From Creationist to Climate Change Believer
In the 12th grade, my Economics teacher, who also happened to be the women’s track coach, decided to work on tallying track scores instead of filling us in on the wonders of microeconomics (You will not be surprised to hear that very few of us passed the AP Econ exam that year).
Like all overworked or borderline disinterested instructors, he popped in a movie for us to watch. But this wasn’t your run-of-the-mill classroom film.
This was An Inconvenient Truth.
You may be thinking this was the aha moment for me. Unfortunately, you would be wrong. I distinctly remember laughing as the animated polar bear fell off her animated, melting glacier. “Absurd!” I thought, and not just because the anthropomorphized polar bear cartoon was frowning at me as she fell into the icy water. I was so smug in my knowledge that global warming was not happening – and bolstered by the other students at my southern, largely conservative school – that it was easy to overlook the science and find something to ridicule.
Let me give you some background.
I grew up in a Christian community that believed in Young Earth Creationism. In this model of the universe, God literally created the earth and all that is in it about 6,000 years ago, Noah’s Ark miraculously held every variety of earth’s creatures as it rose above the global flood, and – I kid you not – the Loch Ness Monster was proof positive that dinosaurs coexisted with humans. As a kid, I was fascinated by that last point, and I still have trouble letting go of such a whimsical idea! Doesn’t everyone want to ride a dinosaur?
For one to hold the ideas of Young Earth Creationism as true, one must create a partition between some forms of “obvious” practical science, like gravity and the flu, from other forms of science, namely the ones that tell us something about the long game. We were wary of evolution, carbon dating, and climate change (read more about the tenets of Young Earth Creationism here). To us, they represented the ills of secularism, a world that searched in the wrong places for meaning when it could easily just open the Bible and read the “plain truth.”
The problem with this, I know now, is that the “plain truth” of the Bible (this reading is called Biblical Literalism) isn’t so plain once you’ve actually read it. When I majored in Religious Studies in college, I learned to apply literary and historical criticism to the Biblical texts. I parsed out genres; learned Hebrew, Aramaic, and Greek; and compared the religious texts of neighboring civilizations.
Contrary to my parents’ fears, I did not lose faith. But it changed dramatically. Over time, the humanity of writers’ and Biblical characters became more apparent. And humans, as we all know, are inherently nuanced and often hypocritical. It became clear to me that the Bible, like all texts, required interpretation.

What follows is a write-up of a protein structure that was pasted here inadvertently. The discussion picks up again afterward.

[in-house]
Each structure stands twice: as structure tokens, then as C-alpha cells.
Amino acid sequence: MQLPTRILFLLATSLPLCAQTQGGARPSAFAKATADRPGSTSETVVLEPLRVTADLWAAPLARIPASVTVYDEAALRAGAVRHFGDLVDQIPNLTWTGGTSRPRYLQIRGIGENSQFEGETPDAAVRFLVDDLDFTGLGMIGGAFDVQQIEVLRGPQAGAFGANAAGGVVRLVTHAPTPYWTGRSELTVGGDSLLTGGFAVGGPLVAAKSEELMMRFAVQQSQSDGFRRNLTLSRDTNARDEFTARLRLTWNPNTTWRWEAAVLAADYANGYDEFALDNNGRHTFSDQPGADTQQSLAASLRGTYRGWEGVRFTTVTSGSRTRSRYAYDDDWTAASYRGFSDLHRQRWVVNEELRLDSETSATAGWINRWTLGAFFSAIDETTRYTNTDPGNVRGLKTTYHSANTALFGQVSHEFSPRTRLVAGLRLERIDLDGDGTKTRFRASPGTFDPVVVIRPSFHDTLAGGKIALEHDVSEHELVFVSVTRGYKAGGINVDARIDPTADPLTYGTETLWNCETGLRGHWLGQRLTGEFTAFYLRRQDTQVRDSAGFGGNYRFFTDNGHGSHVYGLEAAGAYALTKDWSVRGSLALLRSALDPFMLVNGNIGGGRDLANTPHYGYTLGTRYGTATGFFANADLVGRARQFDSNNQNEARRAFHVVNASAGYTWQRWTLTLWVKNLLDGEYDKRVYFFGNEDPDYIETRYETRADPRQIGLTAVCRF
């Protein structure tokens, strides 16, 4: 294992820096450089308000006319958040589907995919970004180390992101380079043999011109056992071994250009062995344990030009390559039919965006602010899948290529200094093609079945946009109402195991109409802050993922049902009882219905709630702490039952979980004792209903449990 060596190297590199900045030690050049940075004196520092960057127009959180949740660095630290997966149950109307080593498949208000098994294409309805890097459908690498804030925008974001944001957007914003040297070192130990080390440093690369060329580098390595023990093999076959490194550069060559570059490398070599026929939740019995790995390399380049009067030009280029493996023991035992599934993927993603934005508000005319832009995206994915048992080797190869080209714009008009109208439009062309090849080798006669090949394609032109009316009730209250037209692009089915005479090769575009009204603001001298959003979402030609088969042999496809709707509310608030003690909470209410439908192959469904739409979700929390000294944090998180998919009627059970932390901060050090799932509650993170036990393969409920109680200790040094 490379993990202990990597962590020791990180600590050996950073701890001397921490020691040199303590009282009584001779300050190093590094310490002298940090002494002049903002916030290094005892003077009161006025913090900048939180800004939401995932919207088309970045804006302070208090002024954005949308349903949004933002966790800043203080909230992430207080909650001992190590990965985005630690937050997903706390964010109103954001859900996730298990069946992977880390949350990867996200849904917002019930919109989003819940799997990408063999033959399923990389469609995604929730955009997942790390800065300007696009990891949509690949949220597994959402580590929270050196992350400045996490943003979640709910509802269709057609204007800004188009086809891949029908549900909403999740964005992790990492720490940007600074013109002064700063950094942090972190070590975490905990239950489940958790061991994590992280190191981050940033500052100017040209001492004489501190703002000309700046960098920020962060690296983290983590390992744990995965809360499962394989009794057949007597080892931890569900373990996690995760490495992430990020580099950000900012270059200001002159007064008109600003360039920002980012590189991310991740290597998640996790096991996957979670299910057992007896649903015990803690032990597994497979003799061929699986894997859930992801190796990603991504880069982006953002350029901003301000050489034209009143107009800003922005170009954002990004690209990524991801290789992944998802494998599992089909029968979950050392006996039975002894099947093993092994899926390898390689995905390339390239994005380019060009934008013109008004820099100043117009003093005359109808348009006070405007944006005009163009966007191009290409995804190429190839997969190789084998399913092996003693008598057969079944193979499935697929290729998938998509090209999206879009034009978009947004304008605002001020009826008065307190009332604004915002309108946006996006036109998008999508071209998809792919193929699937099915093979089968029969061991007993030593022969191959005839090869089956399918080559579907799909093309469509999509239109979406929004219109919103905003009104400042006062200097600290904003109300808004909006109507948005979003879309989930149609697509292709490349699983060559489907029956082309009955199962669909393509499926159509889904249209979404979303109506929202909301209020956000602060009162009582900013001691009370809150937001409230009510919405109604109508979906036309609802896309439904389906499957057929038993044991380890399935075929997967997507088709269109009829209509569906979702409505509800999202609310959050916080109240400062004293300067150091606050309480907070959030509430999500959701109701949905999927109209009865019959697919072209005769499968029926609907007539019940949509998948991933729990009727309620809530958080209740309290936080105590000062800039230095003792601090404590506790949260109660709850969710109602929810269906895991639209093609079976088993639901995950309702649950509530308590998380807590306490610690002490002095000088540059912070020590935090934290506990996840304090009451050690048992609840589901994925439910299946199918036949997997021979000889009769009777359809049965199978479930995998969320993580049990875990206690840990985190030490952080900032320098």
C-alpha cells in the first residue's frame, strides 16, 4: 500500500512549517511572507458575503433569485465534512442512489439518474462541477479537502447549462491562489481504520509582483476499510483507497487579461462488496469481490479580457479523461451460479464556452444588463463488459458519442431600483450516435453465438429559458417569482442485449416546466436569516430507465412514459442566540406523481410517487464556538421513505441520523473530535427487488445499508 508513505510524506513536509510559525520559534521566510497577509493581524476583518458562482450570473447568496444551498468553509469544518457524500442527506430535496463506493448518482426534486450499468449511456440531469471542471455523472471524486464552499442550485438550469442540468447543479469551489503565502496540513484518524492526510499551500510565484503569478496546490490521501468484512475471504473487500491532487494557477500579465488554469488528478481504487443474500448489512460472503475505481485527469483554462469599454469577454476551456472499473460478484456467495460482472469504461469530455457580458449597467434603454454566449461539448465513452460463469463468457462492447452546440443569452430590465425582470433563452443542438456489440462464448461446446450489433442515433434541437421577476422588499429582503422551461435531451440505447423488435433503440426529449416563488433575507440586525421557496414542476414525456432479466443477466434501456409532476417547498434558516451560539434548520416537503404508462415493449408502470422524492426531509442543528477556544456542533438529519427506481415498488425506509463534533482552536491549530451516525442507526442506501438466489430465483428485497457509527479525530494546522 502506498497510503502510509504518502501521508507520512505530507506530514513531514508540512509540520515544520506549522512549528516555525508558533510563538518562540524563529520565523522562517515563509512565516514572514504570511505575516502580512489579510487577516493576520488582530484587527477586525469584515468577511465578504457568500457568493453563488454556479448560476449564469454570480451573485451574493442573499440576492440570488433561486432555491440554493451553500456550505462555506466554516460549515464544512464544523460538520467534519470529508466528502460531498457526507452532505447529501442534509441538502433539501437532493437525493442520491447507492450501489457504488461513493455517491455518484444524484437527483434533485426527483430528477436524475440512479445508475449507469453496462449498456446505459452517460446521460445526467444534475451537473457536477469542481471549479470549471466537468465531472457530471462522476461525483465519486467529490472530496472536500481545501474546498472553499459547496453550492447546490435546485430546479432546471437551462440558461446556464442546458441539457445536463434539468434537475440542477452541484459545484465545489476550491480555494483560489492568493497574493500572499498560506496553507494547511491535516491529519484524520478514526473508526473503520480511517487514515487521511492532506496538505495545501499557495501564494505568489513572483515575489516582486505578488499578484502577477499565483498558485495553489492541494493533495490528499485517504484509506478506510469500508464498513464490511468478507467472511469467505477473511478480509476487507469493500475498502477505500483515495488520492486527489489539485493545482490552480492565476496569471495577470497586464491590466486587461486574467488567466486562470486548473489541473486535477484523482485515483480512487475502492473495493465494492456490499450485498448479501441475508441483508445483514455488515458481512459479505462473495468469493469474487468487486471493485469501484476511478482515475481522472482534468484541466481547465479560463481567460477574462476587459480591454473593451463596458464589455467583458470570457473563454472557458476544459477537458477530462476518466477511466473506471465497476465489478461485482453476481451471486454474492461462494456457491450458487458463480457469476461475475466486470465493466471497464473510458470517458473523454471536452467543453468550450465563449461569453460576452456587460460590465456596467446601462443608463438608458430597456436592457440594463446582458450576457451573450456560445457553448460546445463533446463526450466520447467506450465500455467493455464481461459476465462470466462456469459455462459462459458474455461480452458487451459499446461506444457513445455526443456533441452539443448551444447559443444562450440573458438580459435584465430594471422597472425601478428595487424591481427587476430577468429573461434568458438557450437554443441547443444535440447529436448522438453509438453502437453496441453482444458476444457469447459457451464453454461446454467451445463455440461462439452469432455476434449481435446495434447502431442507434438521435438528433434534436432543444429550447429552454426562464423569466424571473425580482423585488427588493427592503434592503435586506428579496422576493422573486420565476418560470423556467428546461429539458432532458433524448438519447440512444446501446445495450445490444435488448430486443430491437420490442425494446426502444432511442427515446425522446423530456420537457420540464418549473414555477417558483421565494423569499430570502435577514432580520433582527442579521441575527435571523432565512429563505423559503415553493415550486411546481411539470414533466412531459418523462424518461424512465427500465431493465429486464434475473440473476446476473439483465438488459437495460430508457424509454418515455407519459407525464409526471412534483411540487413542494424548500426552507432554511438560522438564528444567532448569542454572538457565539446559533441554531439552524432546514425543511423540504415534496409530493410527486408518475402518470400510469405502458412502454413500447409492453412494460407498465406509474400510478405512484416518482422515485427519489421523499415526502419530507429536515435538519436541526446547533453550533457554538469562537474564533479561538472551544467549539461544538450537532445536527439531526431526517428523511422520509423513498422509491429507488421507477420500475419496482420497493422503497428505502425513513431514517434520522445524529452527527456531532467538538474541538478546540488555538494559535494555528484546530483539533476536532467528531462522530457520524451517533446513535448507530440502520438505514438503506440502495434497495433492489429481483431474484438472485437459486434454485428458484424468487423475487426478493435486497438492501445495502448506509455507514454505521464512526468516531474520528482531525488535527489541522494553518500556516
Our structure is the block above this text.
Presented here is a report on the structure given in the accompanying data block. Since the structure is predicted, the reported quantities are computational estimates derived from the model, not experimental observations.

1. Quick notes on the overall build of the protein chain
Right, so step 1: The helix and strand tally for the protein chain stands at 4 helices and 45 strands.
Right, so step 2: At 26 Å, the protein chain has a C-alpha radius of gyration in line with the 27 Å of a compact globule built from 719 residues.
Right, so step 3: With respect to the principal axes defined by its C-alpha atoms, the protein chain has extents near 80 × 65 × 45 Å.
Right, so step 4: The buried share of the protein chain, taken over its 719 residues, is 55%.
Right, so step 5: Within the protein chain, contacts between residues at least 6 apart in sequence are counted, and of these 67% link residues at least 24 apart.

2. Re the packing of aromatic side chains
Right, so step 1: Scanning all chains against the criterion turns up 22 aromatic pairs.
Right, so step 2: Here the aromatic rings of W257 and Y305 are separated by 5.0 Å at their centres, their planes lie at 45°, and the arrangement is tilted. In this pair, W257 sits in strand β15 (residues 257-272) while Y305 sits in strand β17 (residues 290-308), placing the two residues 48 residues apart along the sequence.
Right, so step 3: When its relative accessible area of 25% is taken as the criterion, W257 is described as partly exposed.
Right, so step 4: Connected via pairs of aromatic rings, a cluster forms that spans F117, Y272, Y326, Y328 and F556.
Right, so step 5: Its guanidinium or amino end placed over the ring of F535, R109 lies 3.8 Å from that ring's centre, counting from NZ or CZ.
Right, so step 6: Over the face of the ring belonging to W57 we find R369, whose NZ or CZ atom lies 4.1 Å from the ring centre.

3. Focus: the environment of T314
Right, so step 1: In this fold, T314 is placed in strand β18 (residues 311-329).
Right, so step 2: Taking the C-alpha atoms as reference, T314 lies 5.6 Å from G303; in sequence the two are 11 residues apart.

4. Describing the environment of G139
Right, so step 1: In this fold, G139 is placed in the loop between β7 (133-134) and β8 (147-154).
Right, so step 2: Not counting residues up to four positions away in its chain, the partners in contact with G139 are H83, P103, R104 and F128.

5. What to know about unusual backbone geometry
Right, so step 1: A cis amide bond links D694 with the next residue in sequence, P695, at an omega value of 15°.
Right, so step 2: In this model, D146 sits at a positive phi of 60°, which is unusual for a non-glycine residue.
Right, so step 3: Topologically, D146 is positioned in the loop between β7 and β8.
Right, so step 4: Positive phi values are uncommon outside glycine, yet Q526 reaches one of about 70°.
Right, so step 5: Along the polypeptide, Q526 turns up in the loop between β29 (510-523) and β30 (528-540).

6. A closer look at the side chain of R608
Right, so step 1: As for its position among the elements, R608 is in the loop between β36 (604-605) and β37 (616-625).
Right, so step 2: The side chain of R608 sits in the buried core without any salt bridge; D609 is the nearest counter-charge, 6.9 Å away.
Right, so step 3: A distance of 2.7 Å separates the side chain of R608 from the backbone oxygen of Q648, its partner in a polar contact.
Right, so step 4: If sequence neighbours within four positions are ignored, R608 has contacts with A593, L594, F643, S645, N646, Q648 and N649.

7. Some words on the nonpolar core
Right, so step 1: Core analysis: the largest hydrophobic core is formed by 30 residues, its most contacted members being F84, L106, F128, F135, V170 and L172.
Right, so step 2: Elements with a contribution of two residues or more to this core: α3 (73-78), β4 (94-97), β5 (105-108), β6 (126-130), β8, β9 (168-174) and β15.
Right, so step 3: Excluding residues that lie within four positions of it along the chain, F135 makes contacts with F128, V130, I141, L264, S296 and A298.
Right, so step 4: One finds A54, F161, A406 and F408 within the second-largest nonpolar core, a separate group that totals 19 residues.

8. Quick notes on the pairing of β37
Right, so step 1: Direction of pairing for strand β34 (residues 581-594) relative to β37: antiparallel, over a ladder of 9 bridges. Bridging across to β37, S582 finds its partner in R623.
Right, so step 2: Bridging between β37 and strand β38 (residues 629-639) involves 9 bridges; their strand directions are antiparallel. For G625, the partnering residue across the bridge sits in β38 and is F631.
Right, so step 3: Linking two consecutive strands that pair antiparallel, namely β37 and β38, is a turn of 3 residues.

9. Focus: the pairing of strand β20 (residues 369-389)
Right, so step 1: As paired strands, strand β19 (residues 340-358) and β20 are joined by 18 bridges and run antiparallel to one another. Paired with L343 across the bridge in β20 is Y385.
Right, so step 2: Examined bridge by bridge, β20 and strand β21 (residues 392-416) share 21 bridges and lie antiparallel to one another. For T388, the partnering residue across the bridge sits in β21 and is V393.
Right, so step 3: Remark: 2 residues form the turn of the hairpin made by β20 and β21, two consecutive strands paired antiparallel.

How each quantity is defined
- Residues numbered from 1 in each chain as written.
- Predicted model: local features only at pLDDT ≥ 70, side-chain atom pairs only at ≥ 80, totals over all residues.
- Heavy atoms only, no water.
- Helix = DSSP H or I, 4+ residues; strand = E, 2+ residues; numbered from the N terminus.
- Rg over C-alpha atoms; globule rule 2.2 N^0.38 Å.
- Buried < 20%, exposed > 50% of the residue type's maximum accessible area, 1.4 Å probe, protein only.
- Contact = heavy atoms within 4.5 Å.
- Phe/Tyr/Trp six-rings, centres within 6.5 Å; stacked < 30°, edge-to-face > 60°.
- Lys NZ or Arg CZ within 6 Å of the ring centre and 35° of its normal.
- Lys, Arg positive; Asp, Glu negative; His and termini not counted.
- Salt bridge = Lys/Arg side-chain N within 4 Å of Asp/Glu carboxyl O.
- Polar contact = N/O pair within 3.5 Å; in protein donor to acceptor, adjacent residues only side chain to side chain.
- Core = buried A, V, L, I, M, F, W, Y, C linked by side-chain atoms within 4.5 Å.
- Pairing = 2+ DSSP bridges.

Eventually, I realized that science could be reconciled with religious belief. Climate scientists and evolutionary biologists weren’t out to get me after all.
I was finally able to tear down the shoddily built wall between Christianity and Science, and it allowed me to appreciate both in new ways.
It was a long road, but it was ultimately my Religious Studies program that allowed the world to expand for me, to embrace the work of scientists who work tirelessly toward a better world. Their end goal is not all that different from the broader message of my faith tradition: to be good stewards and to leave the world habitable for future generations.
This is what we know about climate change (also called Global Warming), according to the United Nations Development Programme:
- Greenhouse gas emissions caused by human activity mainly include carbon dioxide and methane. They form a “shield”, which blocks a certain amount of solar radiation and causes global warming.
- Human activity has caused the concentration of greenhouse gases in the atmosphere to increase.
- Since 1990 global emissions of carbon dioxide (CO2) have increased by almost 50%.
- Fossil fuels – oil, coal and gas – that power our cars, heating/air conditioning, cooking and lights are the main cause for greenhouse gas emissions. Each day we spew 110 million tons of greenhouse gases into the atmosphere.
- From 1880-2012 the planet’s surface temperature has increased an average of 0.85 °C [1.5 °F].
- Global warming itself is accelerating. During the past year, measurements taken across the globe during various periods have reported abnormally high temperatures. The year 2016 is the hottest on record, with average temperatures nudging towards 1.5 degrees above pre-industrial levels.
- Without action, the world’s average surface temperature is projected to rise and surpass 3°C (and more in some areas of the world) in the 21st century.